In his book about The Basement Tapes, the private recordings Bob Dylan and the Band made in 1967, after the outraged reaction to their electrified tour of the previous year, Greil Marcus hit upon an enduring metaphor for the mysterious gothic dramas depicted in American folk music. They came, Marcus wrote, from the Invisible Republic, a place of unwritten traditions and enduring but infinitely malleable tragedies, a place, like its music, "both transparent and inexplicable," a place invoked not only by the folk revival which many felt Dylan and the Band had betrayed, but from the civil rights movement, "a kingdom where suffering and injustice, freedom and right, were coin of the realm."
That's precisely the place invoked by the stories collected in Beluthahatchie and Other Stories (Golden Gryphon, $23.95, with an introduction by Michael Bishop, and an afterword by John Kessel), the first collection (and first book) by Andy Duncan, a new writer who, like Dylan, gathers up traditional materials and twists them into something new. For Duncan is one of those rare writers who arrives with his voice fully formed: every one of these eleven stories is indelibly permeated by it.
Like Howard Waldrop, an admitted influence, Duncan mines the half-forgotten interstices of history for his material with a magpie's eye for the telling detail, although with one exception Duncan's stories are not alternate histories but deeply felt evocations of lost or half-forgotten times and places and incidents. A good half are set in Duncan's native South: "Beluthahatchie," in which a blues singer tweaks the Devil's tail in a suburb of Hell; "Lincoln in Frogmore," inspired by a naive painting of a mythical Civil War incident; "The Executioner's Guild," about an itinerant executioner who can hear the thoughts of the condemned; the depression-era story of a singer too pure to be recorded in "Liza and the Crazy Water Man." In these stories, in "The Map of the Homes to the Stars," a lovely, lonely tale of regret, and in "Fortitude," the sympathetic invocation of General George Patton's derangement, involving futile attempts to change history in a life lived twice over, Duncan writes straight from the heart of the Invisible Republic (I'd like to think that the Model-A Ford in which the narrator of "Liza and the Crazy Water Man" rode with his fellow musicians "a hundred miles of dirt roads and mud tracks to get to some crossroads in the middle of nowhere" was the same Model-A Kentucky musician Dock Boggs, one of the subjects of Greil Marcus's The Invisible Republic, recalled riding over a mountain to make some money in the neighbouring town).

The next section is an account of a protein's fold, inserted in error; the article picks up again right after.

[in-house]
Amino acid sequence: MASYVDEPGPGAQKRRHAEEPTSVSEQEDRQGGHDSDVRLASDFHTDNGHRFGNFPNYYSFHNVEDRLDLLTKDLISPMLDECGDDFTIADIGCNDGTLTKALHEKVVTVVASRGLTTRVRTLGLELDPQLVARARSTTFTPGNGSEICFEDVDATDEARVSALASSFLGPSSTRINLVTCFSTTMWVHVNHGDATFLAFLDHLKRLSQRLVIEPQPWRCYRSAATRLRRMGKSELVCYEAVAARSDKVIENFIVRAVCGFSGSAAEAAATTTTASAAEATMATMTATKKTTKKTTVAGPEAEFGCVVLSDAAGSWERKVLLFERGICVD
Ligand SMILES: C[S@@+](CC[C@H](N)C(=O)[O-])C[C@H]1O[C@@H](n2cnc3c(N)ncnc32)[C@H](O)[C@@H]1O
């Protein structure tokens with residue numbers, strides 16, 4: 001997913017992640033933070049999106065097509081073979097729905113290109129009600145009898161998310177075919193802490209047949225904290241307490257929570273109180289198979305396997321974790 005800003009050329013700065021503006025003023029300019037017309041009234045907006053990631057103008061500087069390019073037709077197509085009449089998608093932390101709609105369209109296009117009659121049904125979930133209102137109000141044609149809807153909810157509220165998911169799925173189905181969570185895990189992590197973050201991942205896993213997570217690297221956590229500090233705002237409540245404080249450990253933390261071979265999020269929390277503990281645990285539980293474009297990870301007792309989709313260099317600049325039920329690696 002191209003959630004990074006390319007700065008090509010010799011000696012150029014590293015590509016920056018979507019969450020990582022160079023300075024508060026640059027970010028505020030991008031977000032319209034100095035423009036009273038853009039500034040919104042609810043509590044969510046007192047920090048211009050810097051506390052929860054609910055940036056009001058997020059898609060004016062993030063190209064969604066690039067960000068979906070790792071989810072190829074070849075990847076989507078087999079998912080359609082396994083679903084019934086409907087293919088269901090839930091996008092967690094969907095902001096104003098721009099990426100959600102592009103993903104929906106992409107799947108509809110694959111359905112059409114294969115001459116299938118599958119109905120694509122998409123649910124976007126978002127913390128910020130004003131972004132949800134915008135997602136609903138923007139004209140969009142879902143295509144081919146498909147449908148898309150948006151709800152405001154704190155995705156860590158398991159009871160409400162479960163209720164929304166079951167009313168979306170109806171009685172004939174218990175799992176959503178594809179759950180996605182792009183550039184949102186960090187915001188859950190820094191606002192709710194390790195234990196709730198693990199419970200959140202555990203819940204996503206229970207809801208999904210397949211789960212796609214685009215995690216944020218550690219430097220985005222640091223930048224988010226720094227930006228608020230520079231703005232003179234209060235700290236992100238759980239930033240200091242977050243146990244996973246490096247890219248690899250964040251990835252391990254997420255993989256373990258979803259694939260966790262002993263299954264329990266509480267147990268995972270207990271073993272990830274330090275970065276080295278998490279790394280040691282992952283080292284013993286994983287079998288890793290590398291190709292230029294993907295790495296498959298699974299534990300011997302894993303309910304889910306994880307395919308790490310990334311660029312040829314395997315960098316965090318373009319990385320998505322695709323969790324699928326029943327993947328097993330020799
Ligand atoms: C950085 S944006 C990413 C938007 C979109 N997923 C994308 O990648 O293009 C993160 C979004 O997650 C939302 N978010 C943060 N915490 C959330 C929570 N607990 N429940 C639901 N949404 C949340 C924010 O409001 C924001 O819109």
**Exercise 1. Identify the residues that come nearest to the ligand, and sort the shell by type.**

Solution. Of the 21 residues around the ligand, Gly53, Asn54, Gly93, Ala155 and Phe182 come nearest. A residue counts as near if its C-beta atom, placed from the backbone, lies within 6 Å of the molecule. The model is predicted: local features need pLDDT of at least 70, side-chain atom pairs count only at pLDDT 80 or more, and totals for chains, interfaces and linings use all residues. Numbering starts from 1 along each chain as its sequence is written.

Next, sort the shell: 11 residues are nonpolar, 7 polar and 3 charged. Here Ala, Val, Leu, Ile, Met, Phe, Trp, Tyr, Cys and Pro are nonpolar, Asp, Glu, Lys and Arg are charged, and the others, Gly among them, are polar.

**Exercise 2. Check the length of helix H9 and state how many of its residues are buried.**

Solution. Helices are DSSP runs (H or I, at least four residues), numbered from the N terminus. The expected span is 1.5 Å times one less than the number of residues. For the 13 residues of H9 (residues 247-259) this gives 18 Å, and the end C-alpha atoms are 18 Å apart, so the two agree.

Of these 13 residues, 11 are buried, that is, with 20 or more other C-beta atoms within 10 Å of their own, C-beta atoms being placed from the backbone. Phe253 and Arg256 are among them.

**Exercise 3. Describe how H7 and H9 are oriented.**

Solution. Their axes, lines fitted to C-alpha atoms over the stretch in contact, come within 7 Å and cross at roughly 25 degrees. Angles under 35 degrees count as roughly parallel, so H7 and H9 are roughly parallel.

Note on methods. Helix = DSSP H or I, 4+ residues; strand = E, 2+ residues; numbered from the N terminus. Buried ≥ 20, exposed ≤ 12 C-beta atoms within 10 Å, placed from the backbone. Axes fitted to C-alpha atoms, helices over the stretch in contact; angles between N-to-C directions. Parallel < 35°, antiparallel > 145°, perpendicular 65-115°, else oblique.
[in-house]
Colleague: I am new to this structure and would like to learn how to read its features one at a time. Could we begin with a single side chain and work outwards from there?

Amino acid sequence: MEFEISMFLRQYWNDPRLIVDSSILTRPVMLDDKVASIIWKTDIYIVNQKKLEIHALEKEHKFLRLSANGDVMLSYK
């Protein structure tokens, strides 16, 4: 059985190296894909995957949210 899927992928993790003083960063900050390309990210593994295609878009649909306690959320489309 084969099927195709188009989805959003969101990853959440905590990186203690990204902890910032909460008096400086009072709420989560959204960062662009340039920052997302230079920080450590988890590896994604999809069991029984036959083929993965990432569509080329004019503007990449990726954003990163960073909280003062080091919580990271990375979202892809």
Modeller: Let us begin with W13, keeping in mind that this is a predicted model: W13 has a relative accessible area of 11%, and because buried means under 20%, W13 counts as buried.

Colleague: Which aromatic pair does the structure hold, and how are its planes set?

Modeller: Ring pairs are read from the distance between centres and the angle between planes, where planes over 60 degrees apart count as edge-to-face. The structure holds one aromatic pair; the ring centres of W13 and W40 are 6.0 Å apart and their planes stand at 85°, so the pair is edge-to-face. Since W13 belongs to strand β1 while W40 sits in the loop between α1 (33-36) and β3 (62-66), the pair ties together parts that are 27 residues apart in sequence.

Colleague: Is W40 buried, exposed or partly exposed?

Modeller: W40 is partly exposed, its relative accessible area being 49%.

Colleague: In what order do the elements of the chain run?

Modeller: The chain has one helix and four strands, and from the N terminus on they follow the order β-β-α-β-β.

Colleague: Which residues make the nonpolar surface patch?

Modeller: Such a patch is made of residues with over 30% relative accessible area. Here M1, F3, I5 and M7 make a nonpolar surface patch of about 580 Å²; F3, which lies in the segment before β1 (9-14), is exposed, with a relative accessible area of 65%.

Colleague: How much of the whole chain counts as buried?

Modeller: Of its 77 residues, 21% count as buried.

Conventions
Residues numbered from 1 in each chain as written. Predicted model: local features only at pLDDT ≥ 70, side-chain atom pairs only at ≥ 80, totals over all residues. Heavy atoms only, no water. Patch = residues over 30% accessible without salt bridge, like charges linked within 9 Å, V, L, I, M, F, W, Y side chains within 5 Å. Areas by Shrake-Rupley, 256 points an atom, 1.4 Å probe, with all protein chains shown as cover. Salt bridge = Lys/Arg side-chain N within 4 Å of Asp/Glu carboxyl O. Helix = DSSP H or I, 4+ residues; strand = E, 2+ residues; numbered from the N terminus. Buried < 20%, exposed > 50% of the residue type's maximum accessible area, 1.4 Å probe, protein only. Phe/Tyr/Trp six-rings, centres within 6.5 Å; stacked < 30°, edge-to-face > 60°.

Duncan is equally impressive in his depiction of the first (silent) movie about the Titanic disaster in "Saved," the trial of the corpse of a medieval Pope in "From Alfano's Reliquary," the multi-stranded intrigue in a 1920s Parisian theatre in "Grand Guignol," and the twist-in-the-tale homage to Poe in "The Premature Burials." His absolute and precise assumption of voice is more important in his stories than the fantasy tropes concealed in their grain. The pleasure to be had, and it is deep and abiding, is not the neat twist or the unexpected resolution (most of the stories, told in recollection by narrators at the edge of events, are virtually without plot), but to hear these citizens of the Invisible Republic speak clearly and truly about lost histories and forgotten places in voices as endearingly American as Bob Dylan or Dock Boggs or Huckleberry Finn.
—Paul J. McAuley, Interzone, April 2001